Dictionary of Policing

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Professor of Criminology and Social Policy and Director Mannheim Centre for Criminology Tim Newburn, Tim Newburn, Peter Neyroud
Routledge, Jun 17, 2013 - Social Science - 384 pages
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Contemporary policing is developing rapidly and is becoming increasingly professionalized. For practitioners National Occupational Standards, Skills for Justice and the the new PDLP (Police Development and Leaning Programme) have brought a new emphasis on skills, standards and knowledge. Training for police officers and civilian staff working in policing is being significantly upgraded. At the same time it has become more rigorous, with universities and other higher educational institutions playing an increasingly important part in police training - as well as expanding the range of policing courses for undergraduate and postgraduate students.

Key features:

  • approximately 300 entries (of between 500 and 1500 words) on key terms and concepts arranged alphabetically
  • designed to meet the needs of both students and practitioners
  • entries include summary definition, main text and key texts and sources
  • takes full account of emerging occupational and Skills for Justice criteria
  • edited by the UK's leading academic expert on policing and the Chief Executive of the National Policing Improvement Agency
  • Entries contributed by leading academic and practitioners in policing
  

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Contents

A
1
B
11
C
25
D
75
E
96
F
104
G
118
H
127
P
187
R
232
S
249
T
272
U
280
V
282
W
287
Y
289

I
139
J
154
M
160
N
173
O
184
Z
292
References
311
Index
341
Copyright

Common terms and phrases

About the author (2013)

Tim Newburn is Professor of Criminology and Social Policy, and Head of Department of Social Policy at the London School of Economics. He is the author or editor of 35 books, the most recent of which are The Sage Handbook of Criminological Theory (edited with Eugene McLaughlin, 2010) and The Eternal Recurrence of Crime and Control (edited with David Downes and Dick Hobbs, Clarendon Press, 2010). Tim was previously the editor of the journal Policy Studies, and was the founding editor of the Sage journal Criminology and Criminal Justice. He is a former Director of the Mannheim Centre for Criminology at the LSE and a past President of the British Society of Criminology. Tim s primary research interests have been in crime and criminal justice policy, the sociology and governance of policing and security, disadvantaged and disaffected young people, youth crime and youth justice, drugs and alcohol, and comparative criminal justice policy-making and policy transfer. He has recently been involved in a study of the August 2011 English riots. An innovative project which aimed to undertake high quality social research at a speed and in a way that maximised opportunities for influencing public debate, Reading the Riots was run jointly with The Guardian, and its initial results were published in their entirety in the newspaper. Currently, together with Professors David Downes and Paul Rock, Tim is currently engaged in researching and writing of an Official History of Post-war Criminal Justice.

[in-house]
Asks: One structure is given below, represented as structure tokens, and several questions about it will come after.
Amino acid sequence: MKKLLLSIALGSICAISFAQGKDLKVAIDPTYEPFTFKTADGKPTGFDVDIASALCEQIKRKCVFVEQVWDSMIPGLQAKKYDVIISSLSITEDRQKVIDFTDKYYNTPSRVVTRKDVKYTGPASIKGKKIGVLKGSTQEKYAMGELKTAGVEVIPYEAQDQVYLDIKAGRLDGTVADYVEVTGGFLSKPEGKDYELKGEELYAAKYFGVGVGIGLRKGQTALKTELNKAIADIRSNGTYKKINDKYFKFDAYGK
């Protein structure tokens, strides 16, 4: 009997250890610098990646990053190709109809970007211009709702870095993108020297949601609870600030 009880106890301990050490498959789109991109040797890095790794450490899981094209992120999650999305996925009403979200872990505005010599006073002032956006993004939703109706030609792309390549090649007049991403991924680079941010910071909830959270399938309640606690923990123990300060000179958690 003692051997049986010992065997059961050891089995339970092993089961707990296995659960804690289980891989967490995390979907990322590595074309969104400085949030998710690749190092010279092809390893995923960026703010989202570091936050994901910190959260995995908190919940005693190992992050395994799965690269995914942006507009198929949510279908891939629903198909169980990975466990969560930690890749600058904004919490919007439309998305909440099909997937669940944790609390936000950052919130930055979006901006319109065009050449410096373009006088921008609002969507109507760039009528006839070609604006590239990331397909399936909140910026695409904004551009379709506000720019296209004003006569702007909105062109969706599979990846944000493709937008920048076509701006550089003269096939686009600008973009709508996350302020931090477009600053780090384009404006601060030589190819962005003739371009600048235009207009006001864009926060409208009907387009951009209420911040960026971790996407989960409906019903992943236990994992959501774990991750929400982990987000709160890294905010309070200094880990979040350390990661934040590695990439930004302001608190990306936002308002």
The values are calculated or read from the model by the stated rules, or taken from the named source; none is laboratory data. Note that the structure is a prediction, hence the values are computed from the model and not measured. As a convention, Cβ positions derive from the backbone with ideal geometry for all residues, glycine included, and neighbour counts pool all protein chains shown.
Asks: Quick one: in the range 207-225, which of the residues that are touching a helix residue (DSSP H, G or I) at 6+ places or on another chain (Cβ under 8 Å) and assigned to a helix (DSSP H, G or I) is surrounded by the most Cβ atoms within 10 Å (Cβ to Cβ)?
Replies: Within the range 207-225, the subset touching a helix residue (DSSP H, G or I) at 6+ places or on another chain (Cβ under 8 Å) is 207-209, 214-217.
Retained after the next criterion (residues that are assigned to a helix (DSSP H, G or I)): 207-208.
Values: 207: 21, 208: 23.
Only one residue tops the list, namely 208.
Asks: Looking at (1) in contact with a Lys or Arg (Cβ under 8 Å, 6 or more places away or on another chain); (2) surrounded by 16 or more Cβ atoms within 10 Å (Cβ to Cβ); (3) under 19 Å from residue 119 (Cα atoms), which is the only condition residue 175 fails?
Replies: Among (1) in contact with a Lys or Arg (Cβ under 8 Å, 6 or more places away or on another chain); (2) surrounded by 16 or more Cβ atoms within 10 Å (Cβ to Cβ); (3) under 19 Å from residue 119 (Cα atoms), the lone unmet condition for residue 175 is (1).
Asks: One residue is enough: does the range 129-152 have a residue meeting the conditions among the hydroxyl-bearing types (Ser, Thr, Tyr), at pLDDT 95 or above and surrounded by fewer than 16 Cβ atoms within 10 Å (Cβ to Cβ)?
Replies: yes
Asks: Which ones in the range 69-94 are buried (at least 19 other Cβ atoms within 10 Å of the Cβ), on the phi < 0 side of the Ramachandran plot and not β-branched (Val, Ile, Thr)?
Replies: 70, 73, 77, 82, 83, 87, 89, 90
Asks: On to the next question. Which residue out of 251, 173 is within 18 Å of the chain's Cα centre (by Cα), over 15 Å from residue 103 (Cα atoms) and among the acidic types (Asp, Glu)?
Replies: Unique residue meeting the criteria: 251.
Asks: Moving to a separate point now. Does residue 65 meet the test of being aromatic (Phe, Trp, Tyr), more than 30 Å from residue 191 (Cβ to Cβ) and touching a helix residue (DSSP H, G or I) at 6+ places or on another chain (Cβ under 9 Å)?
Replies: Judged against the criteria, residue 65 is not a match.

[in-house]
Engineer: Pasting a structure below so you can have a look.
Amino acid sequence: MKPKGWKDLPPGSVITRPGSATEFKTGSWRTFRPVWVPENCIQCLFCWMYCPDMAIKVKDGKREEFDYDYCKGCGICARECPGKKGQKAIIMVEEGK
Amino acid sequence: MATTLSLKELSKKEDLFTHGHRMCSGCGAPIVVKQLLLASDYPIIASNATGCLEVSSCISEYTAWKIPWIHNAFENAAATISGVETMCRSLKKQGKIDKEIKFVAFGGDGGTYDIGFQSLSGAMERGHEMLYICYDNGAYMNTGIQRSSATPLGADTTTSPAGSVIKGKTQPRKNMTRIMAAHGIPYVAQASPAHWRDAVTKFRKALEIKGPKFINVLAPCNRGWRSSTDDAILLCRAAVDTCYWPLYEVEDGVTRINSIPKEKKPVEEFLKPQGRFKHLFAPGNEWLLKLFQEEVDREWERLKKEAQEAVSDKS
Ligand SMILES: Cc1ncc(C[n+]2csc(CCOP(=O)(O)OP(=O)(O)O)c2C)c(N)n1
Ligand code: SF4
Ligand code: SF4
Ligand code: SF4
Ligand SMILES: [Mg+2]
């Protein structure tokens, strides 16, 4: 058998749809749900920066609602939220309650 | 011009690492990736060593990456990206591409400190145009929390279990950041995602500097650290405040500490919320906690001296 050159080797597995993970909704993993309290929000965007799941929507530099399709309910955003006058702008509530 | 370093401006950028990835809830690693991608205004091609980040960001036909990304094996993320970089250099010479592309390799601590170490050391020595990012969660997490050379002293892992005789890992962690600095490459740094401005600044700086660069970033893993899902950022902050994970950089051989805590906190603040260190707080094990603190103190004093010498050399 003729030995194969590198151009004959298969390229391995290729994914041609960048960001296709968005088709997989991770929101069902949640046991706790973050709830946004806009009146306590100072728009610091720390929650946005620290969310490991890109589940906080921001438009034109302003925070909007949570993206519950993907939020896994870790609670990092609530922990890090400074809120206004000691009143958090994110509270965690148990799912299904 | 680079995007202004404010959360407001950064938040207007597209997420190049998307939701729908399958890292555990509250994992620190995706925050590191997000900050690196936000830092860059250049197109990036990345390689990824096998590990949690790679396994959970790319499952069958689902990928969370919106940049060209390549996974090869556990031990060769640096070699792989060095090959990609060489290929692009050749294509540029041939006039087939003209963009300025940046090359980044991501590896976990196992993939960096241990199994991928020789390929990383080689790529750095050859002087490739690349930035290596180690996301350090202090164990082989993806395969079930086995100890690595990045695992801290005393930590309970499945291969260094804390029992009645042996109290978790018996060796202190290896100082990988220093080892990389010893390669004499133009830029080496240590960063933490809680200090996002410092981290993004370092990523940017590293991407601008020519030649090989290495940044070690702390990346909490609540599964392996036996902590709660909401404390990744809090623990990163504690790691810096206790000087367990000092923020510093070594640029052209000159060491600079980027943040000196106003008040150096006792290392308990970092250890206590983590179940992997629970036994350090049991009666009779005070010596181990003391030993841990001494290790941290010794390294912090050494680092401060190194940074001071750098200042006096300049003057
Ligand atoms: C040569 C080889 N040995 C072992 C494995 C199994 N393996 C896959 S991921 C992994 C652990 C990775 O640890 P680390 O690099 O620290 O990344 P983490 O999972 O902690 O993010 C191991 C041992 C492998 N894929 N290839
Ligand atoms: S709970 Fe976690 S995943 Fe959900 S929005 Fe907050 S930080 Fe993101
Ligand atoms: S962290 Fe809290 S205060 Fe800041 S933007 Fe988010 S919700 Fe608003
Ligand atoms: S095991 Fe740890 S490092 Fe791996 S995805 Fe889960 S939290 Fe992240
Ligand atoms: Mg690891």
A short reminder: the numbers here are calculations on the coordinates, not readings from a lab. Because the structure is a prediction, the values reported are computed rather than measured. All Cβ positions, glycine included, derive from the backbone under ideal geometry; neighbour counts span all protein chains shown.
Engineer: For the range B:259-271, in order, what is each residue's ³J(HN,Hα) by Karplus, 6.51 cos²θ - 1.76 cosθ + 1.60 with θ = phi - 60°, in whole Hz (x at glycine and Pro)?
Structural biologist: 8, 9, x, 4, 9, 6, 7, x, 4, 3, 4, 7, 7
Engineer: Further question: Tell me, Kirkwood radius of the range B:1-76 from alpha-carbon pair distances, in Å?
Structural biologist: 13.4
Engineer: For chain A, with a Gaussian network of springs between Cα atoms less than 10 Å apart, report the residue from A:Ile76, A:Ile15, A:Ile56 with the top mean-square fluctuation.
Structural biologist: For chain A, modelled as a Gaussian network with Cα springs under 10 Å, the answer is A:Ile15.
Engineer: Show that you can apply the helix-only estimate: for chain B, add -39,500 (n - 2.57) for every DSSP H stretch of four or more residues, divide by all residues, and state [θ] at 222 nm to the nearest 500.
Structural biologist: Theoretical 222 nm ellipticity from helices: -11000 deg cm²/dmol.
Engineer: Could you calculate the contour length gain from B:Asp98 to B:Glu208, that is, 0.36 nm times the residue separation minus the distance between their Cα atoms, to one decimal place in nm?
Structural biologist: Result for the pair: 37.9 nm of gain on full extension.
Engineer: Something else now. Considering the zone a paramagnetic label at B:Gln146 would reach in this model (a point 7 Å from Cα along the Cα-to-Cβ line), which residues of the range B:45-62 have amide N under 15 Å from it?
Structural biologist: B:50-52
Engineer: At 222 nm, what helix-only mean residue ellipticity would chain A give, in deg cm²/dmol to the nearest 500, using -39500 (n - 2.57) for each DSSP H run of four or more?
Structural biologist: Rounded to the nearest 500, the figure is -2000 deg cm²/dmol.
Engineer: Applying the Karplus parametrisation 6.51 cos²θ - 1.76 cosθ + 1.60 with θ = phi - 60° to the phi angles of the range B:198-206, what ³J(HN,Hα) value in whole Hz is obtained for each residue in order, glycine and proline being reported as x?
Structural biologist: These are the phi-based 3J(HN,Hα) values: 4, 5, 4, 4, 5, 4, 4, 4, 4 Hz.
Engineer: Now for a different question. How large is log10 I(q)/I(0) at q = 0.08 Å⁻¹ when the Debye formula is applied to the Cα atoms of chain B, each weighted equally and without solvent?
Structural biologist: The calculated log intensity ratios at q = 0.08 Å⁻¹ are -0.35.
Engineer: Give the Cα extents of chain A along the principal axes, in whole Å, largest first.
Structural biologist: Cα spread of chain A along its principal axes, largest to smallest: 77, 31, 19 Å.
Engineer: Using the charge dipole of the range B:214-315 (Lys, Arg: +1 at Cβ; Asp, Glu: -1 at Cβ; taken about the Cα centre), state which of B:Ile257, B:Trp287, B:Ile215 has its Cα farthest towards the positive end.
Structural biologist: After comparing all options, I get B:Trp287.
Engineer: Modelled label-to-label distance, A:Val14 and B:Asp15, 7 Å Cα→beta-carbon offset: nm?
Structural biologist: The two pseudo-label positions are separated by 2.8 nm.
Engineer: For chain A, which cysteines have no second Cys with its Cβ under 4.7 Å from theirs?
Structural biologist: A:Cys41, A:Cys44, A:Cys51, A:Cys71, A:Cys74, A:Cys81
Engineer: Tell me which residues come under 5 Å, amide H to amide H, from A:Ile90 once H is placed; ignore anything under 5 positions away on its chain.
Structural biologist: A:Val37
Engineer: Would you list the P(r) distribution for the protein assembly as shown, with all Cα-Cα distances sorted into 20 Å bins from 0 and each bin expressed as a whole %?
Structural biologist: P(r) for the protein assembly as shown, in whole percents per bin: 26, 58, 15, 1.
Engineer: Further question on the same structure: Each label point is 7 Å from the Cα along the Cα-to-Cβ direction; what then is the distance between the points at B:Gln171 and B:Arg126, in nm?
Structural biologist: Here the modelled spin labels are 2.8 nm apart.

Peter Neyroud joined Hampshire Constabulary in 1980 after reading History at Oxford. After working in uniform and as a detective in Hampshire and then as an Assistant Chief and Deputy in West Mercia, he became the Chief Constable of Thames Valley in 2002 and a Vice-President of the Association of Chief Police Officers in 2005. He moved to the Home Office in 2006 to set up the National Policing Improvement Agency and was the Chief Constable and Chief Executive until 2010. He was also a member of the Sentencing Guidelines Council, Parole Board, National Policing Board and National Criminal Justice. Before retiring from the police in 2010, he completed a fundamental review of Police Leadership and Training for the Home Secretary, which was published in April 2011 and proposed radical change to the training and development of police officers and the establishment of a new professional body for policing. Since leaving the Police Service at the end of 2010 he has set up his own professional research consultancy, is directing a major research programme at Cambridge University into Crime Harm and is providing training, leadership development and consultancy nationally and internationally. He is also a widely published author of books, articles and papers on policing and Editor of the Oxford Journal of Policing and Associate Editor of the Springer Encyclopedia of Criminology and Criminal Justice. He was awarded the Queens Police Medal in 2004 and a CBE in the Queen s Birthday Honours List in 2011.

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